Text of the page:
What happened with CLASS? Well, the short answer is politics got in the way of common sense.

Examine the true cost/benefit of a linked-benefit solution, especially if your clients have money sitting on the sideline. In today's market many clients have funds in low-interest-bearing accounts. A rate of 1 percent on $100,000 will produce $1,000/$650 after taxes. However, with a linked-benefit solution, $650 a year can create more than $450,000 of LTC insurance coverage with a benefit of $6,200 a month. Additionally, the client will have $160,000 in life insurance coverage. Yes, that is correct, a client can create a $450,000 pool of money for just $650 a year.

Our clients may have the desire for LTC insurance but may lack the funds necessary to purchase coverage. How many of you have clients with non-qualified annuities coming due and your options are limited. Have you thought of exploring the leverage you can create with linked-benefit annuity/LTC insurance? Some plans will allow partial withdrawal to fund the coverage and most will create three times the deposit for your long-term care pool. You may be able to withdraw your gain to pay for long-term care coverage on a tax-advantaged basis. We need to think differently, utilize what they have and create what they need.

Are you aware that long-term care coverage is now available with traditional life insurance? Many carriers have created riders, which can accelerate the death benefit to cover LTC needs. If you have clients over the age of 55, you may wish to show them the two available options: with and without the rider.

These are four very different ways to approach LTC planning with your client. There is no right answer but, if we don't ask, there are many wrong ones. We help our clients protect the present and save for the future; yet, when their needs change, do we stay ahead of their plan? Do we counsel them about living a long life? This market is expanding like never before. More knowledge and tools are available to us, but none will matter if we are not addressing the issue with each and every one of our clients. It is not an obligation, it is an imperative.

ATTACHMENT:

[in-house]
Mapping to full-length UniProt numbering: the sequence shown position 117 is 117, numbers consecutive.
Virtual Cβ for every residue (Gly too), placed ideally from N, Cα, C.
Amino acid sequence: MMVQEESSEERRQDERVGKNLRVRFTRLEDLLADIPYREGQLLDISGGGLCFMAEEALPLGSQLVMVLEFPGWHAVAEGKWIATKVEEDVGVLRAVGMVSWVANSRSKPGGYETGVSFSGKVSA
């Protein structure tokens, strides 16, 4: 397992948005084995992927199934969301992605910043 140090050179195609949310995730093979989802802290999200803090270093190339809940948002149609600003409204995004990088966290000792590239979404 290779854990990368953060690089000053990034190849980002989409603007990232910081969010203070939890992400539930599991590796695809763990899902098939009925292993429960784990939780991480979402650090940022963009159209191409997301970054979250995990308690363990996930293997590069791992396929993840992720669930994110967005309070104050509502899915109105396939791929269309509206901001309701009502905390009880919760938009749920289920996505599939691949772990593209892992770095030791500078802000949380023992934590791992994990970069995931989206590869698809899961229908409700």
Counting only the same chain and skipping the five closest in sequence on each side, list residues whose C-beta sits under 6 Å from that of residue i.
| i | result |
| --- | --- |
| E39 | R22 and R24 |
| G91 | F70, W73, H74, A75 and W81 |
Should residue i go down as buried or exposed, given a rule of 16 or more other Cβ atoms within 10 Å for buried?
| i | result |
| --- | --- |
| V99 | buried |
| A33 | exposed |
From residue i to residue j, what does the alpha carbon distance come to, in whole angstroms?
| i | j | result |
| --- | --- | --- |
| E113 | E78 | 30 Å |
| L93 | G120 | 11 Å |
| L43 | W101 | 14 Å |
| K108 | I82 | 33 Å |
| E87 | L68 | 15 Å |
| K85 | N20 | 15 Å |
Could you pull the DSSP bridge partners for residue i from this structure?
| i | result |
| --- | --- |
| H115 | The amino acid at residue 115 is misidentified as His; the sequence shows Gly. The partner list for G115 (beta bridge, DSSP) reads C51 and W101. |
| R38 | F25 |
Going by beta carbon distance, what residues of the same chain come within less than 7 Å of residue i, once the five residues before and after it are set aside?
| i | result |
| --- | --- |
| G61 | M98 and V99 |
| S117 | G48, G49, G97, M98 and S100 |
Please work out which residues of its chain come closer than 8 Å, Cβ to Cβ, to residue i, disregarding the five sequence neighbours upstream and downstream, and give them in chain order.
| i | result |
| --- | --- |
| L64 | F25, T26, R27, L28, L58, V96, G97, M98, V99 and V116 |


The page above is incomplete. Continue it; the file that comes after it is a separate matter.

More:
Our industry is learning. With an increase in the number of lives covered and added years of claim history to study, the underwriting standards are changing for the better. For example, years ago we might have been able to find a carrier for someone with diabetes. Then the industry changed and, for a while, diabetics were out – no coverage was available. Today, carriers want to know: What is their A1C score? How many units of insulin are they taking? When were they first diagnosed?

A number of individuals battle depression, often brought on by a dramatic change in their life. Again, the questions become: How long have they had the condition? What medications are they taking? Is it well controlled? Diabetes and depression are just two of the many categories we are learning about. The last 10 years have been a difficult time for our industry. As we have learned about price risk, carriers have raised rates, exited the business and reduced benefit offerings. However, we are still here and the questions from our clients continue to get louder, longer and better. They see their parents aging and outliving their assets and look to us for answers. Embrace the new solutions and get creative in solving your clients LTC problem. Often the answer is in their file, you just have to find it.